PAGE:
With the S&P 500 up over 1% in five of the last six trading days heading into Wednesday, we expected to see some strong breadth readings to go along with the gains, but in looking at the daily readings, since last week’s low, we were a little bit underwhelmed with the readings we saw. Going back to 1990, on days when the S&P 500 was up 1% or more, the average daily advance/decline reading for the index has been +323, and since the lows of the Financial Crisis, the average has been even stronger at +373. Furthermore, an average of one out of every four 1%+ daily gains for the S&P 500 since 1990 have qualified as ‘all-or-nothing’ days (when the net A/D reading for the S&P 500 is greater than +/- 400) while the percentage is 42% since the Financial Crisis low in March 2009. Turning to the five 1%+ days the S&P 500 has had since last Monday, the daily net A/D readings have been +389, +329, +341, +199, and +226, for an average of just +297. That average is modestly below the long-term average, but well below the post-financial crisis average. Not only that but there hasn’t been a single all-or-nothing day since last Monday’s low.
The pace of all-or-nothing days for the S&P 500 hasn’t just been on the low side since the beginning of last week. So far this year, there have only been two all-or-nothing days for the S&P 500 (2/25 and 3/2, both up days), which puts the pace for 2022 at just nine. Normally, when we provide updates on the number of all-or-nothing days in the market, we qualify it with the fact that volatility in the market tends to come in bunches, so the pace of all-or-nothing days usually comes in fits and starts as well. The only difference this time around is that we have already been in what has been a very volatile period for the markets, so if we aren’t getting all-or-nothing days now, how volatile will the market need to get before the pace starts to pick up?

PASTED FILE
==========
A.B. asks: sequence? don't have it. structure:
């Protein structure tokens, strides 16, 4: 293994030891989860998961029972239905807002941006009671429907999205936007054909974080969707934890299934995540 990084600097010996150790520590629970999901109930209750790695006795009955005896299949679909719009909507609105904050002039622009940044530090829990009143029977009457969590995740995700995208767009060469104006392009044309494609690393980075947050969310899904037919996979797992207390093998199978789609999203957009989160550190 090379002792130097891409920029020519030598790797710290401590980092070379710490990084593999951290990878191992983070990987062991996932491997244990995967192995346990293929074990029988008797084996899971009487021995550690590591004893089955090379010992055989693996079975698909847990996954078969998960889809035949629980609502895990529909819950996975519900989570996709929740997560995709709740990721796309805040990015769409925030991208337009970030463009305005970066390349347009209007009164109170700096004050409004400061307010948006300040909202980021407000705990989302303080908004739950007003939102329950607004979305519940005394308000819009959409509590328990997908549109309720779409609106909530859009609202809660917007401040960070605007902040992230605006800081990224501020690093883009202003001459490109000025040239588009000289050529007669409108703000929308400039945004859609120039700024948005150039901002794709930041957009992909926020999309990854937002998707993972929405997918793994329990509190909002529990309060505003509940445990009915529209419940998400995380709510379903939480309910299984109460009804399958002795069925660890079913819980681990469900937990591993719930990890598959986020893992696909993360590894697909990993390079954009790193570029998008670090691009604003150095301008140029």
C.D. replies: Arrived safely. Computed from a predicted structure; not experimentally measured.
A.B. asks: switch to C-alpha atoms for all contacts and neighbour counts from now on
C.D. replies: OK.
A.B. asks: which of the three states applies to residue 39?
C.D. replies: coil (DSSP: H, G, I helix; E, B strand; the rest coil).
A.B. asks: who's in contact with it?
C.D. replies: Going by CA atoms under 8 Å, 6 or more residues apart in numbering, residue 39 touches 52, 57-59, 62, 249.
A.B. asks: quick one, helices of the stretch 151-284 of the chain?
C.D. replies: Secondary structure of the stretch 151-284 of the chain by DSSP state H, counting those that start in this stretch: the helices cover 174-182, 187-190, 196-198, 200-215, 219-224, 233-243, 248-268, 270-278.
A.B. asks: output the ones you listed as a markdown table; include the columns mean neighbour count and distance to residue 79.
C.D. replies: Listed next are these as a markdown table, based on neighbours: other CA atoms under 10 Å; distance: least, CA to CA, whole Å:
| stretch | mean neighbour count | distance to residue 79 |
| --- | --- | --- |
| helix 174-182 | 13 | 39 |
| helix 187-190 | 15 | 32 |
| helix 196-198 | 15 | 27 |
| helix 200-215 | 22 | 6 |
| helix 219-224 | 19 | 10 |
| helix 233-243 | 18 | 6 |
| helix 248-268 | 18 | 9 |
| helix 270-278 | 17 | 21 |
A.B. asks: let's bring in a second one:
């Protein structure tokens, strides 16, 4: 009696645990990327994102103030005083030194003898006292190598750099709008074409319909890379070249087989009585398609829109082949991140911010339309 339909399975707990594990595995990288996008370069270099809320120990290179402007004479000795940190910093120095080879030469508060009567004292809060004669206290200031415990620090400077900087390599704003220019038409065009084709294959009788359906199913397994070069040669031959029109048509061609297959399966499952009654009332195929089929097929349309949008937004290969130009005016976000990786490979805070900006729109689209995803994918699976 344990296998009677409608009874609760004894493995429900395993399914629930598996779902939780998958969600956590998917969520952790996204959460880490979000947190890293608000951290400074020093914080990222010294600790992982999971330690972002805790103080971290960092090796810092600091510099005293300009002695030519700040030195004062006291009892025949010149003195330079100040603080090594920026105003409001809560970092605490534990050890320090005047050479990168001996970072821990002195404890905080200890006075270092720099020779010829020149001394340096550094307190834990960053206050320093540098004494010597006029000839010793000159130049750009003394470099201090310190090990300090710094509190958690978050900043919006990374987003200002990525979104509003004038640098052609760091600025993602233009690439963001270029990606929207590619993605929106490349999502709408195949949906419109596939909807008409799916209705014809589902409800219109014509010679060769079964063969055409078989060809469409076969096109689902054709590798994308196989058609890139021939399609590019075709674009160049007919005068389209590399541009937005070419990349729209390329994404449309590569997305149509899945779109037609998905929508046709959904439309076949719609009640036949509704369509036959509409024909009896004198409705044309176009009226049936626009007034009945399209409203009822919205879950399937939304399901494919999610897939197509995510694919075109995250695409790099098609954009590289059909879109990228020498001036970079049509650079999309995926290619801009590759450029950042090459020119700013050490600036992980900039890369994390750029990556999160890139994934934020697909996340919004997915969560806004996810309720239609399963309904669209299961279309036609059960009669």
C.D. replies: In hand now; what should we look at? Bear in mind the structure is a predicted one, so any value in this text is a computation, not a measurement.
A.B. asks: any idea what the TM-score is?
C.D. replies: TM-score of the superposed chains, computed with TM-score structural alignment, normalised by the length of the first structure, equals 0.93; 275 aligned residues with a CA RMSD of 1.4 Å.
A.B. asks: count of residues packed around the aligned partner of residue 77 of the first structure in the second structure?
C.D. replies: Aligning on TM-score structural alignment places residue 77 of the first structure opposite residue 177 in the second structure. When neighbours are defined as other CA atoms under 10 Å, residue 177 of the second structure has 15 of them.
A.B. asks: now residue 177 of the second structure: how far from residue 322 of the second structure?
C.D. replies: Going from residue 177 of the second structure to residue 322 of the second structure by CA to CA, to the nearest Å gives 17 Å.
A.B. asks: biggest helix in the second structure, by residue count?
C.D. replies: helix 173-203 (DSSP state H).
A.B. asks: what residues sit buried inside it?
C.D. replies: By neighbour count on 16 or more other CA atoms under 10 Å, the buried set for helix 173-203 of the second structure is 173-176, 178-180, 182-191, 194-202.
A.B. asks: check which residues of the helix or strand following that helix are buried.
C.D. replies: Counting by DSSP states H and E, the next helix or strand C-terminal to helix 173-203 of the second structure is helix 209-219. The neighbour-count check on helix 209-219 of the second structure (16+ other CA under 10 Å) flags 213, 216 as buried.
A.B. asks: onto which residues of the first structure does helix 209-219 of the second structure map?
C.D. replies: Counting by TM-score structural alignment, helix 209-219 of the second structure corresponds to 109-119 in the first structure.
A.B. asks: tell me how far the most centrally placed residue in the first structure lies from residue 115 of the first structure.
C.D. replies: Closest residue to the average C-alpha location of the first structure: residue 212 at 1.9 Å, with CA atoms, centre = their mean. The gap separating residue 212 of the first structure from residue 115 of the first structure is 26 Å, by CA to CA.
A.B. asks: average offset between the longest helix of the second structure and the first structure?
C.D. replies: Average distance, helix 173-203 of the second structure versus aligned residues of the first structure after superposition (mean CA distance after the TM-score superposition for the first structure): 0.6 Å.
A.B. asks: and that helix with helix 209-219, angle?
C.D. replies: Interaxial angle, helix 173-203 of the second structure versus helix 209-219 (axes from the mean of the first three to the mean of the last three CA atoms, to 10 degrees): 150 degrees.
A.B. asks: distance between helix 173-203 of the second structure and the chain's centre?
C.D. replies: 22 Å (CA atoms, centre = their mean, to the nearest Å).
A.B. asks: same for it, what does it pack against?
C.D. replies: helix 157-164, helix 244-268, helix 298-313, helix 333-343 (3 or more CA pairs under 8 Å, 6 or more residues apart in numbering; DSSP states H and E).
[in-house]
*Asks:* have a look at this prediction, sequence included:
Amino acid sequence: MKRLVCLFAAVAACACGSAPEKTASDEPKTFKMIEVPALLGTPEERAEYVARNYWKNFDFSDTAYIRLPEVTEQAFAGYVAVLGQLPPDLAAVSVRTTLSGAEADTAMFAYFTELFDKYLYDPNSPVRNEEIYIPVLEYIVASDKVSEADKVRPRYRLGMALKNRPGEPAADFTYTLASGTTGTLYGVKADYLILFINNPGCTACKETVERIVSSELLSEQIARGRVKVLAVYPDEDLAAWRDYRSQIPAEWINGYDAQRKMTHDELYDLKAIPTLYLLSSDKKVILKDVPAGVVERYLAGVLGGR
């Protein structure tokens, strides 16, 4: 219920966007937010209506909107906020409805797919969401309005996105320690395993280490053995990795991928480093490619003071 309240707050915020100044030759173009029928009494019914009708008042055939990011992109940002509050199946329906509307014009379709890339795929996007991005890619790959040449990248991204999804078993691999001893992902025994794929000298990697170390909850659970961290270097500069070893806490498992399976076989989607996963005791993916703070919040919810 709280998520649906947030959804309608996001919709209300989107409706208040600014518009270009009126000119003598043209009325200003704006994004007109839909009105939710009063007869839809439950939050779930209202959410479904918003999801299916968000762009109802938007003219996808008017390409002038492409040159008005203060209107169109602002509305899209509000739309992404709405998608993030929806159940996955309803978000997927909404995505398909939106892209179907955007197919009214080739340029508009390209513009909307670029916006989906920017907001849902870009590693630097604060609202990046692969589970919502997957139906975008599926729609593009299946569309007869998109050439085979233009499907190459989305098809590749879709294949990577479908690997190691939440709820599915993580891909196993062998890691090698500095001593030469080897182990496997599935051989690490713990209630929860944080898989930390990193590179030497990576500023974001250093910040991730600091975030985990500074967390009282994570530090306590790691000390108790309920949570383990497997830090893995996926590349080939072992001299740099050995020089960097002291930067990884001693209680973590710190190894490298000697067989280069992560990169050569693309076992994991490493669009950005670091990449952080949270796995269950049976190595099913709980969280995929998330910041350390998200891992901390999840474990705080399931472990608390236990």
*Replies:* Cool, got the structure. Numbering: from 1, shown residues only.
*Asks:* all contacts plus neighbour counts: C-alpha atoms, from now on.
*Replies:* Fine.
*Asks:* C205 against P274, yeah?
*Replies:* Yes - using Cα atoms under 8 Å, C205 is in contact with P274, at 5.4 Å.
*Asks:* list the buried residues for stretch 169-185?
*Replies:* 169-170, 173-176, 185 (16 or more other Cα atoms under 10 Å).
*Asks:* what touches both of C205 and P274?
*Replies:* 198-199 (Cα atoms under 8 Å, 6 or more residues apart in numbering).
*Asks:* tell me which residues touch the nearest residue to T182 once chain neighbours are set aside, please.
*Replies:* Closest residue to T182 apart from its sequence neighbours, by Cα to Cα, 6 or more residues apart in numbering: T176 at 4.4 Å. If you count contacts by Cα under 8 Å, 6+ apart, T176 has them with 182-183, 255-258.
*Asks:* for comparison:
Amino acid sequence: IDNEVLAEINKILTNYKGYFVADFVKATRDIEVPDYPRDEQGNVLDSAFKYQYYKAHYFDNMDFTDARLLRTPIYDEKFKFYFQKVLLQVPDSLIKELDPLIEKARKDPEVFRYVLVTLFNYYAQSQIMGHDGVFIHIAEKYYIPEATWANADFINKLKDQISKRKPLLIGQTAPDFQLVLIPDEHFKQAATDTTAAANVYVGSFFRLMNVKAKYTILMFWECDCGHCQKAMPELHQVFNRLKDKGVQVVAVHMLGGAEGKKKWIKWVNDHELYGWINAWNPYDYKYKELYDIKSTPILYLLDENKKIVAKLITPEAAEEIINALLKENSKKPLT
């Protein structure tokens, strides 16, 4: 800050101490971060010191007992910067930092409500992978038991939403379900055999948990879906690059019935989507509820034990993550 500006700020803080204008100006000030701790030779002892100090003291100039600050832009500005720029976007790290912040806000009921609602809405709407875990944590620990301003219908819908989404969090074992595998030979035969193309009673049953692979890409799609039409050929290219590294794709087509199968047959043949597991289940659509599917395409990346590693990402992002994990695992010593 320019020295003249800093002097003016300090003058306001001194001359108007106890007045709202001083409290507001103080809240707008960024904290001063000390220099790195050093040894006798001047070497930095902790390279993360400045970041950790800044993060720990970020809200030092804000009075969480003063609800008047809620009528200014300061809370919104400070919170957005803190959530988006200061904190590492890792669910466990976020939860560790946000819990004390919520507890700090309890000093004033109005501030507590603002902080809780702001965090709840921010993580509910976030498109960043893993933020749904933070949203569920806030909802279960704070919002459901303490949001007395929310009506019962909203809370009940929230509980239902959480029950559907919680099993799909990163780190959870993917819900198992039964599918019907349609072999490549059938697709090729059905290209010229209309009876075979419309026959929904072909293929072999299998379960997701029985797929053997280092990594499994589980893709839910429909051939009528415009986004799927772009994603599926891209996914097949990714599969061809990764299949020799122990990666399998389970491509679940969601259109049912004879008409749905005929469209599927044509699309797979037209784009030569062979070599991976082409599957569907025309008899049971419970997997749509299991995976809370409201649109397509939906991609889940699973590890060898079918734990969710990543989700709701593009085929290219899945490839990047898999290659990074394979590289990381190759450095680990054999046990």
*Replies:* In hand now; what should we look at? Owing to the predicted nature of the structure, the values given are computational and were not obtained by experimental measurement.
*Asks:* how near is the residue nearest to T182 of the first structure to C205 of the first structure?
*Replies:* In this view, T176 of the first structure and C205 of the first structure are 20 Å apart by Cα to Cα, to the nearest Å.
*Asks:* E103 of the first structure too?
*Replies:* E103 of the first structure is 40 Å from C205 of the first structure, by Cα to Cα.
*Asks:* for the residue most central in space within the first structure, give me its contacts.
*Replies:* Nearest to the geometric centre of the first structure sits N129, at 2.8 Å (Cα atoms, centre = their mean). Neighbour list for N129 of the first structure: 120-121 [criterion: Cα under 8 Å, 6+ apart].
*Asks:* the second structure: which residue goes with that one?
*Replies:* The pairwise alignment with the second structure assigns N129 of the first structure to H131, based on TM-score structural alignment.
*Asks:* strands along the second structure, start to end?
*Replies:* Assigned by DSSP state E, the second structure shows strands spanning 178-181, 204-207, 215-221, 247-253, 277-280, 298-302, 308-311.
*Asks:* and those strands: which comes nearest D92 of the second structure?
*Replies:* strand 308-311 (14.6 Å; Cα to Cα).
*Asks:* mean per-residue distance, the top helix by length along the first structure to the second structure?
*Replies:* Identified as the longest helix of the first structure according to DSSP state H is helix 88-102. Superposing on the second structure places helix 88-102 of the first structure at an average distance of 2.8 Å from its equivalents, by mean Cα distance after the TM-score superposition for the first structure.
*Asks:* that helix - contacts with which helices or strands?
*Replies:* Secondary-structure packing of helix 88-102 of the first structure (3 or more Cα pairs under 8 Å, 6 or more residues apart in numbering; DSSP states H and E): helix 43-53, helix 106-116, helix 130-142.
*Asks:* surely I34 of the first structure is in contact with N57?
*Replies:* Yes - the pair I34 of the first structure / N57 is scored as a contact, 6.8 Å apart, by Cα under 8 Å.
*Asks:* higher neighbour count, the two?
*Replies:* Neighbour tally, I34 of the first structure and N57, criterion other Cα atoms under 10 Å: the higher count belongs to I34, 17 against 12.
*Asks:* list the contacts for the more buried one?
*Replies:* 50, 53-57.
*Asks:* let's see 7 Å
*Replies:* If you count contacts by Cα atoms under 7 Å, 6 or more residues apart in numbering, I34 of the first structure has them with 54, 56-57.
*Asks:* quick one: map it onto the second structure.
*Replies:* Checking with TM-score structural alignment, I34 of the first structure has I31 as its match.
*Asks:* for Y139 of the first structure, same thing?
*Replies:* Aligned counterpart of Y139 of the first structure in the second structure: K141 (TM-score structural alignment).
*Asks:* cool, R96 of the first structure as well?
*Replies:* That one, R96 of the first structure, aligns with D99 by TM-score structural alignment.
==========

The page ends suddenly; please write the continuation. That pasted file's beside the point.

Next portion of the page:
The chart below shows the number of all-or-nothing days in the market by year going back to 1990. While the pace of all-or-nothing days was very slow from 1990 through the early 2000s, once the Financial crisis arrived, the frequency really started to pick up and has stayed elevated ever since. Since 2007, the average number of all-or-nothing days has been 32 per year, but at this year’s rate, the S&P 500 is on pace for just nine all-or-nothing days, which would be the lowest since 2017 and just the second year since 2006 that the total was in the single-digits. Again, there’s still a lot of time left in 2022 for this pace to change, but at the current rate, 2022 is shaping up to be an outlier of a year.
Now that we’ve established that there have been such a low number of all-or-nothing days in the market, what are the implications? One notable one is that with less correlation between individual stocks, there’s less of a tide lifting or sinking all ships environment in the market, and that puts an increased emphasis on stock picking relative to indexing. Click here to view Bespoke’s premium membership options.